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Language In Her Ear
by Erin Moure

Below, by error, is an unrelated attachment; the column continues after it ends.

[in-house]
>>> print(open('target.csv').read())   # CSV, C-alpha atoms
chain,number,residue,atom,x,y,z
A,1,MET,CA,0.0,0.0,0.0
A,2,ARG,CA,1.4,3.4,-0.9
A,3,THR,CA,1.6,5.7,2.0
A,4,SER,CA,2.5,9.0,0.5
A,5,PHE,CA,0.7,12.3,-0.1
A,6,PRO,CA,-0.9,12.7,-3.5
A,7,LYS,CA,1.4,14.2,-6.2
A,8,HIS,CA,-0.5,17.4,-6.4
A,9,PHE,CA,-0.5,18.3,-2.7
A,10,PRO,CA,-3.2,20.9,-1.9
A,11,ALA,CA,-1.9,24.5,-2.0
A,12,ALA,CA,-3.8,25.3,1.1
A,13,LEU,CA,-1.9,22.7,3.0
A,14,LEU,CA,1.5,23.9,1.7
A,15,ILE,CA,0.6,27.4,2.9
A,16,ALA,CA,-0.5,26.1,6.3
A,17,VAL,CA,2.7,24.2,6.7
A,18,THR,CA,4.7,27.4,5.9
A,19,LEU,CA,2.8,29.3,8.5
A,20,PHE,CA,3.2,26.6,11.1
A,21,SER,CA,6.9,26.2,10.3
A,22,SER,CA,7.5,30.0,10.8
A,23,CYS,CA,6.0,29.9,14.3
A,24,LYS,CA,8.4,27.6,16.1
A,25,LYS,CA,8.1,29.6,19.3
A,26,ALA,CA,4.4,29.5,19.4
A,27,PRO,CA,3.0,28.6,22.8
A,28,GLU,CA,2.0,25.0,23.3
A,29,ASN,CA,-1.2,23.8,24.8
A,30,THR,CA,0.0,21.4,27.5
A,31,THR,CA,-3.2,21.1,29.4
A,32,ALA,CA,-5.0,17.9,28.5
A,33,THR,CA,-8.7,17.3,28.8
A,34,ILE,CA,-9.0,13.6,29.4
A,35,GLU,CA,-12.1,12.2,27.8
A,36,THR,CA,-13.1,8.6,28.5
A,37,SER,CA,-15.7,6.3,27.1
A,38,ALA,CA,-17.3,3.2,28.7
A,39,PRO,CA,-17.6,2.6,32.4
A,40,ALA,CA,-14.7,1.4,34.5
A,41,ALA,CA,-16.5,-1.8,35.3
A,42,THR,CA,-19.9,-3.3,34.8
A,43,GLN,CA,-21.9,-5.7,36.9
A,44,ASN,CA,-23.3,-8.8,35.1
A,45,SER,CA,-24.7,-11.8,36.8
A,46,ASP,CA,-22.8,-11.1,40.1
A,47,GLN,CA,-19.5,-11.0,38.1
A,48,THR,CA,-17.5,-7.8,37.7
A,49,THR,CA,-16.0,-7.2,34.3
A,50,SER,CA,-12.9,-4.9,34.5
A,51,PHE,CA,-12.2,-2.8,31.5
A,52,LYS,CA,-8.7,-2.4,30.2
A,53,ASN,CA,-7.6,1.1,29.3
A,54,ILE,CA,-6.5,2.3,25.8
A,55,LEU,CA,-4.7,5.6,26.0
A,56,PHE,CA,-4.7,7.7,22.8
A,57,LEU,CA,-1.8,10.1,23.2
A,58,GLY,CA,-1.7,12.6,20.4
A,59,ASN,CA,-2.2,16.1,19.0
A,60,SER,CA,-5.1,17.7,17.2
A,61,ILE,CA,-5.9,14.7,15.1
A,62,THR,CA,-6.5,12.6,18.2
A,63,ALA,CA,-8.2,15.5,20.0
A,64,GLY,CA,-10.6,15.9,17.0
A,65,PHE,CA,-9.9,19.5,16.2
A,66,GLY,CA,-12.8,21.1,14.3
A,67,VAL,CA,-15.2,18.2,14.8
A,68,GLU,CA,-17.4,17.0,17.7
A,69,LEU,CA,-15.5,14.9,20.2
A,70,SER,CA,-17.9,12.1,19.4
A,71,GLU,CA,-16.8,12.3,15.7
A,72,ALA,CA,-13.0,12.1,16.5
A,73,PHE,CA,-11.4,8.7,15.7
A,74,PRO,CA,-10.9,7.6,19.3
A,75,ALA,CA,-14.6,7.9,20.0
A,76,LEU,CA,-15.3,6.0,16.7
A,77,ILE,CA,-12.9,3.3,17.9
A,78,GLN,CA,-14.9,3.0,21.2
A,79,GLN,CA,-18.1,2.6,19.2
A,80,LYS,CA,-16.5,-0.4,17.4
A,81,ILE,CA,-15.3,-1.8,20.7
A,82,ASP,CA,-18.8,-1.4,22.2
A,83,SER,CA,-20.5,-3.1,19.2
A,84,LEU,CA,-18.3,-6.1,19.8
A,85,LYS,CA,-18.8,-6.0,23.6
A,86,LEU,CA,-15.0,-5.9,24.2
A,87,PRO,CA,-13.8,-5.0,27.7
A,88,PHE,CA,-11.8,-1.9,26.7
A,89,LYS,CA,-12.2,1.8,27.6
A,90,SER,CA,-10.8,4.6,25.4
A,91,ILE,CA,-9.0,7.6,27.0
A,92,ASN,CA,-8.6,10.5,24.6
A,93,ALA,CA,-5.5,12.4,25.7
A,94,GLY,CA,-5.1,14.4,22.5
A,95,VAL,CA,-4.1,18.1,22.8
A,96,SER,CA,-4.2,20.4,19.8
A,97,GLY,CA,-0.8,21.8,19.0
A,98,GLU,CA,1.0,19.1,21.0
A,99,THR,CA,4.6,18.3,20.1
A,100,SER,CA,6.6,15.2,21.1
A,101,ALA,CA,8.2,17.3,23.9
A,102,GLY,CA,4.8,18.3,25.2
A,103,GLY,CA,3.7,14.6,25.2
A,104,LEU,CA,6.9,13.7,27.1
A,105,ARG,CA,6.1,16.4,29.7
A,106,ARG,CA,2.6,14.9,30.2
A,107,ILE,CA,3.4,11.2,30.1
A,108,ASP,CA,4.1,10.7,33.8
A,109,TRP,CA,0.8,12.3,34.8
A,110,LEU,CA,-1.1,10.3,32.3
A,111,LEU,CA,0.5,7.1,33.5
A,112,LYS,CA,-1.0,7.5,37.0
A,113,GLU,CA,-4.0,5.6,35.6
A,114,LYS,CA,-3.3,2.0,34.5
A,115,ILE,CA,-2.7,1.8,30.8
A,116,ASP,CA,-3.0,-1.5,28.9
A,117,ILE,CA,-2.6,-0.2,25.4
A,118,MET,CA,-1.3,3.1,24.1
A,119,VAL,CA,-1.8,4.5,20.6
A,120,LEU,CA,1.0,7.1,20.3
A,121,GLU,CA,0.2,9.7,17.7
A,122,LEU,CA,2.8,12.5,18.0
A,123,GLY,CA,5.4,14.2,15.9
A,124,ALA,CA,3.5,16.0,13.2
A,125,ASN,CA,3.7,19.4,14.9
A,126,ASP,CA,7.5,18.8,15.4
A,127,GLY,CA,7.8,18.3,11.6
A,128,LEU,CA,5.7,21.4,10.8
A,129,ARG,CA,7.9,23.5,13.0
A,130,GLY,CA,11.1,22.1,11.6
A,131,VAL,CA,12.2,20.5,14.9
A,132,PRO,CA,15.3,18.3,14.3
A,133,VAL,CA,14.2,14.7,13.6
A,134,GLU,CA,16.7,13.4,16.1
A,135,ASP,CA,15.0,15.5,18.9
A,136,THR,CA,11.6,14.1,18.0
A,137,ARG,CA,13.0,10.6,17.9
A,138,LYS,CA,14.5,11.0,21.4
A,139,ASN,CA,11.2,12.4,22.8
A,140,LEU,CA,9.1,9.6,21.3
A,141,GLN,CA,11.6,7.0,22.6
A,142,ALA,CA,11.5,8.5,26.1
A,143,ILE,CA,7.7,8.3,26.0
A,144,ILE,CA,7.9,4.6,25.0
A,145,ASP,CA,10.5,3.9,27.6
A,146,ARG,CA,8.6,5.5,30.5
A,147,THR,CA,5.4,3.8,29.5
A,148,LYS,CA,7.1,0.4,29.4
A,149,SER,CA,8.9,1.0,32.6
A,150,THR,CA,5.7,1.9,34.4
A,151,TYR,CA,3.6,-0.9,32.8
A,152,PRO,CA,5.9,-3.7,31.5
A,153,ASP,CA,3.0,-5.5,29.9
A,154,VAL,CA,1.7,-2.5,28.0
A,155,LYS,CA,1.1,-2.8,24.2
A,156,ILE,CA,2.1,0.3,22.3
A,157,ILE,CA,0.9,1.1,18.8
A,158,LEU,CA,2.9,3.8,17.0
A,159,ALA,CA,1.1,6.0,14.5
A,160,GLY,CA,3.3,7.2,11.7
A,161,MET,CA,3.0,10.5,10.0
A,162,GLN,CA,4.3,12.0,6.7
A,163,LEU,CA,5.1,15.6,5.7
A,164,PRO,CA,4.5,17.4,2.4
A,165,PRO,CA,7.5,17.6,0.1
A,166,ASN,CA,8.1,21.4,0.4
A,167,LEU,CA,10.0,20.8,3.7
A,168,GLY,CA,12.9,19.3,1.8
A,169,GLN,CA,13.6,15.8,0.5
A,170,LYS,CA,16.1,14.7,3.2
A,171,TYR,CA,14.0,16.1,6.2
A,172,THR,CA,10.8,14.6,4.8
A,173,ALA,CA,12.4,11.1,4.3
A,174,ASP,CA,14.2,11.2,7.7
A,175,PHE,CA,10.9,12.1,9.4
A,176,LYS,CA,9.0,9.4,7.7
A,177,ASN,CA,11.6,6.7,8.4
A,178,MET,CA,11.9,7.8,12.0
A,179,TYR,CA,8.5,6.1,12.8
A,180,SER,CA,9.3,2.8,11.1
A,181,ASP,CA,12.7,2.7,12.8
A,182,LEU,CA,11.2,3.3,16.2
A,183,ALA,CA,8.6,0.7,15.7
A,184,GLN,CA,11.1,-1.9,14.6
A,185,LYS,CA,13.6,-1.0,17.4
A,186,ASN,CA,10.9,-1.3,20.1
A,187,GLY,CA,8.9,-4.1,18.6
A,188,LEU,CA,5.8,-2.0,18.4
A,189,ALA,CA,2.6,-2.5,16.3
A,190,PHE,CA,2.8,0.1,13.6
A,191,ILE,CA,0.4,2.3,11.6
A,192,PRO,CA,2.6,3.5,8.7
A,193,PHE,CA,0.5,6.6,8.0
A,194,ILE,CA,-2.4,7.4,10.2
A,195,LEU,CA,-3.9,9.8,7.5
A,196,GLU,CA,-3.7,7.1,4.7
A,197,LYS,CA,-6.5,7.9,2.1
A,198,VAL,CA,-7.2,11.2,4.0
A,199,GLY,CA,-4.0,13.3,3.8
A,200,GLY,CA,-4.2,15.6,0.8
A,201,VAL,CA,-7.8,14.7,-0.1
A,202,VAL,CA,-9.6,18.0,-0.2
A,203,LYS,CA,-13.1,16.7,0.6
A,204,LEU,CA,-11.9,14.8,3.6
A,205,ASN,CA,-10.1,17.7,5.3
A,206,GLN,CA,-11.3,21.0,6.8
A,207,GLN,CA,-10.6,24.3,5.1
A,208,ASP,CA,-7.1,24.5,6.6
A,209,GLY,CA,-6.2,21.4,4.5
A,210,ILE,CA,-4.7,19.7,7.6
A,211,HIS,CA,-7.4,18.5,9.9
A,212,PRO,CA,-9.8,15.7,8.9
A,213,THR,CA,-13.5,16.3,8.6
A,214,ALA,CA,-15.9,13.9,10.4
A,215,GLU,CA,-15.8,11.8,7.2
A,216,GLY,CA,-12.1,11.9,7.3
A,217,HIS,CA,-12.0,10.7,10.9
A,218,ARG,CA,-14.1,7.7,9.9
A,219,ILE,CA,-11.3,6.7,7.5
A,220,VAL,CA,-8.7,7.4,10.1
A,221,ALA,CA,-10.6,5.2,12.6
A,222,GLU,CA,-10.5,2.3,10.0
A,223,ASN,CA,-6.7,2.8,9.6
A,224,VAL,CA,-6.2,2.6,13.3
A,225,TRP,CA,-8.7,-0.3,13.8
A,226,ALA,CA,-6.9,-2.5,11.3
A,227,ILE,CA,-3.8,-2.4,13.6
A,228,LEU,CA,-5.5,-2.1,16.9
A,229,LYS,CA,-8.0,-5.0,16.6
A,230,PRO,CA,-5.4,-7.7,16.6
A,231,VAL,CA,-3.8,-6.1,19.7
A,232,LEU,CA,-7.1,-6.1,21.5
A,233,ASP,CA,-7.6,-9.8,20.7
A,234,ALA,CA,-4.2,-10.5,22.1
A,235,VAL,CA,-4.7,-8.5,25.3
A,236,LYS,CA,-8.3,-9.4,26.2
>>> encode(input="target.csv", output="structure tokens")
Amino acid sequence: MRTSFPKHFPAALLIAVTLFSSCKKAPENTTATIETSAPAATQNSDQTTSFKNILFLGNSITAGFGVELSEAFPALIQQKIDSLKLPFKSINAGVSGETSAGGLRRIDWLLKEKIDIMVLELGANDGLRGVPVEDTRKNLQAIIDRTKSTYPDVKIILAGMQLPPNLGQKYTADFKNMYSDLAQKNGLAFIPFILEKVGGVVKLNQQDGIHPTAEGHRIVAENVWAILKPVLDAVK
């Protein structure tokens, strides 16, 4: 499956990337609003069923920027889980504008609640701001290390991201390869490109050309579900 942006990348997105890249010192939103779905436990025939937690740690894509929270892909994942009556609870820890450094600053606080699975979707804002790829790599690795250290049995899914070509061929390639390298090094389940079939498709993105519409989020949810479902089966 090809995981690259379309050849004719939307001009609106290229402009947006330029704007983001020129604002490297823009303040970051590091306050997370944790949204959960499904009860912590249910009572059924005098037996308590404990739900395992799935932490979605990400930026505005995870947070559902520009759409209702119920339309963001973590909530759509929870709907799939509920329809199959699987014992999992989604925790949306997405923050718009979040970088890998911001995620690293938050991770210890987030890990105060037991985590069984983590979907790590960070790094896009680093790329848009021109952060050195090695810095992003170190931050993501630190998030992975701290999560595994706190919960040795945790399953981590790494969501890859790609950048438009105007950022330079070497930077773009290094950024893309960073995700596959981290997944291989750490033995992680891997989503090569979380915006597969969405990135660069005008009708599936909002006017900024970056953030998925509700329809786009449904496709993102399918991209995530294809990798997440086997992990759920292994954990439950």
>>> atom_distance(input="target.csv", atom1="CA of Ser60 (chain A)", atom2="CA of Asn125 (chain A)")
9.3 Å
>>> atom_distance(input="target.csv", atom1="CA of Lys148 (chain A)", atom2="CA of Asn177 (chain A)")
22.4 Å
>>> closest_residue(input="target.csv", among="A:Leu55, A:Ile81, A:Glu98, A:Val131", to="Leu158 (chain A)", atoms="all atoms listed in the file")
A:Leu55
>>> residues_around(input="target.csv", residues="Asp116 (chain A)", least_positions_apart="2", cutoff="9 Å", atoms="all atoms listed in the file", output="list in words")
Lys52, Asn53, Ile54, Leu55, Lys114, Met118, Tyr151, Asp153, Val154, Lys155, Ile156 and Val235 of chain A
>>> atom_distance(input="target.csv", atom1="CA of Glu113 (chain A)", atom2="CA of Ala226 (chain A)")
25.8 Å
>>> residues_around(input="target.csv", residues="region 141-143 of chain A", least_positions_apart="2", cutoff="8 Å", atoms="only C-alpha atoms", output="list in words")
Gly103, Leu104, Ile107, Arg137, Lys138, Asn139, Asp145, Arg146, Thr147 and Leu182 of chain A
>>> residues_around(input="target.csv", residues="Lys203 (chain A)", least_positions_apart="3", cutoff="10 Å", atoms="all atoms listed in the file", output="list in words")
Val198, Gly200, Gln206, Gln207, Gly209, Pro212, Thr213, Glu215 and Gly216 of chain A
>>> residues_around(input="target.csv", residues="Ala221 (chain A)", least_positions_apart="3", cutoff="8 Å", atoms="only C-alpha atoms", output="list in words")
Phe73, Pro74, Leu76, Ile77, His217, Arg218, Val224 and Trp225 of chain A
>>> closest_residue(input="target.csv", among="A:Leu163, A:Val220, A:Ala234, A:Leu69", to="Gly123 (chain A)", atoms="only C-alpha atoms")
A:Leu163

READING Telling It, I was struck by its differences from another recent anthology of women`s words. In Language in Her Eye, the voices were writerly, singular, they didn`t interact; some even suspected each other without having spoken directly. What was missing, I thought, was listening, without which there is suspicion and blockage, fear that culminates in refusals. Telling It reconstructs a conference held in Vancouver in November, 1988 on women and language, from viewpoints at the "margins" of dominant culture: Asian-Canadian, Native, and lesbian. The content will not be new to the reader familiar with feminist discussions of diversity and racism; for that matter, many participants (Lee Maracle, Jeannette Armstrong, joy Kogawa, Betsy Warland) have expressed their views elsewhere. What is compelling is the book`s structure: it isn`t a dry chronicle of proceedings, but a web of sinews wherein the electric impulse of each fibre awakens the fibre next to it, provoking a tension of thought, response, reaching, and listening rarely found in any document. The listening and the importance the Native women placed on that listening infuse the book. As such, it privileges the audience as well as die speakers, allows the reader not just to "read" the text but to feel this reading in her ears. To feel the intimate connection between hearing and the voice, and how ones own voice is not singular, but interwoven with the voices of others. There is even silence here, the silence of an audience member who did not want her comments included. Still, she is present by marks of ellipsis, and her protest (that "lesbian" is not a culture) is discussed (and rejected) by others. Most of the book consists of panel discussions, audience interaction, and photographs, as well as selections of writing from each of the panelists. In a final section, Sky Lee, Lee Maracle, and Betsy Warland reflect a year later on the event, on its dialogue and divisions, its evocation of personal discomfort and pain; they bring the conference into the present tense, and leave it with us, readers, listeners. My only peeve was the insistence of some white women in the audience on their minority status; while it`s true that our backgrounds are often erased in the assumption that were all "WASP," this insistence trivializes real issues of exclusion and marginality. And I disagreed with one panelists comments about Gertrude Stein`s language as "codes for lesbian intimacy." And maybe I missed it, but I couldn`t find the exact date of the conference, its location, and panel times. Overall, I had very much the sense of being in the room, though I felt the caring and thoughtfulness of the editing more strongly than the tensions of the actual event. The conference, Lee Maracle wrote, was like the foundations for a bridge. The book doesn`t disguise that the bridge still needs to be built if we are to stop being, to quote Maracle, "the kind of society that needs to erase someone"

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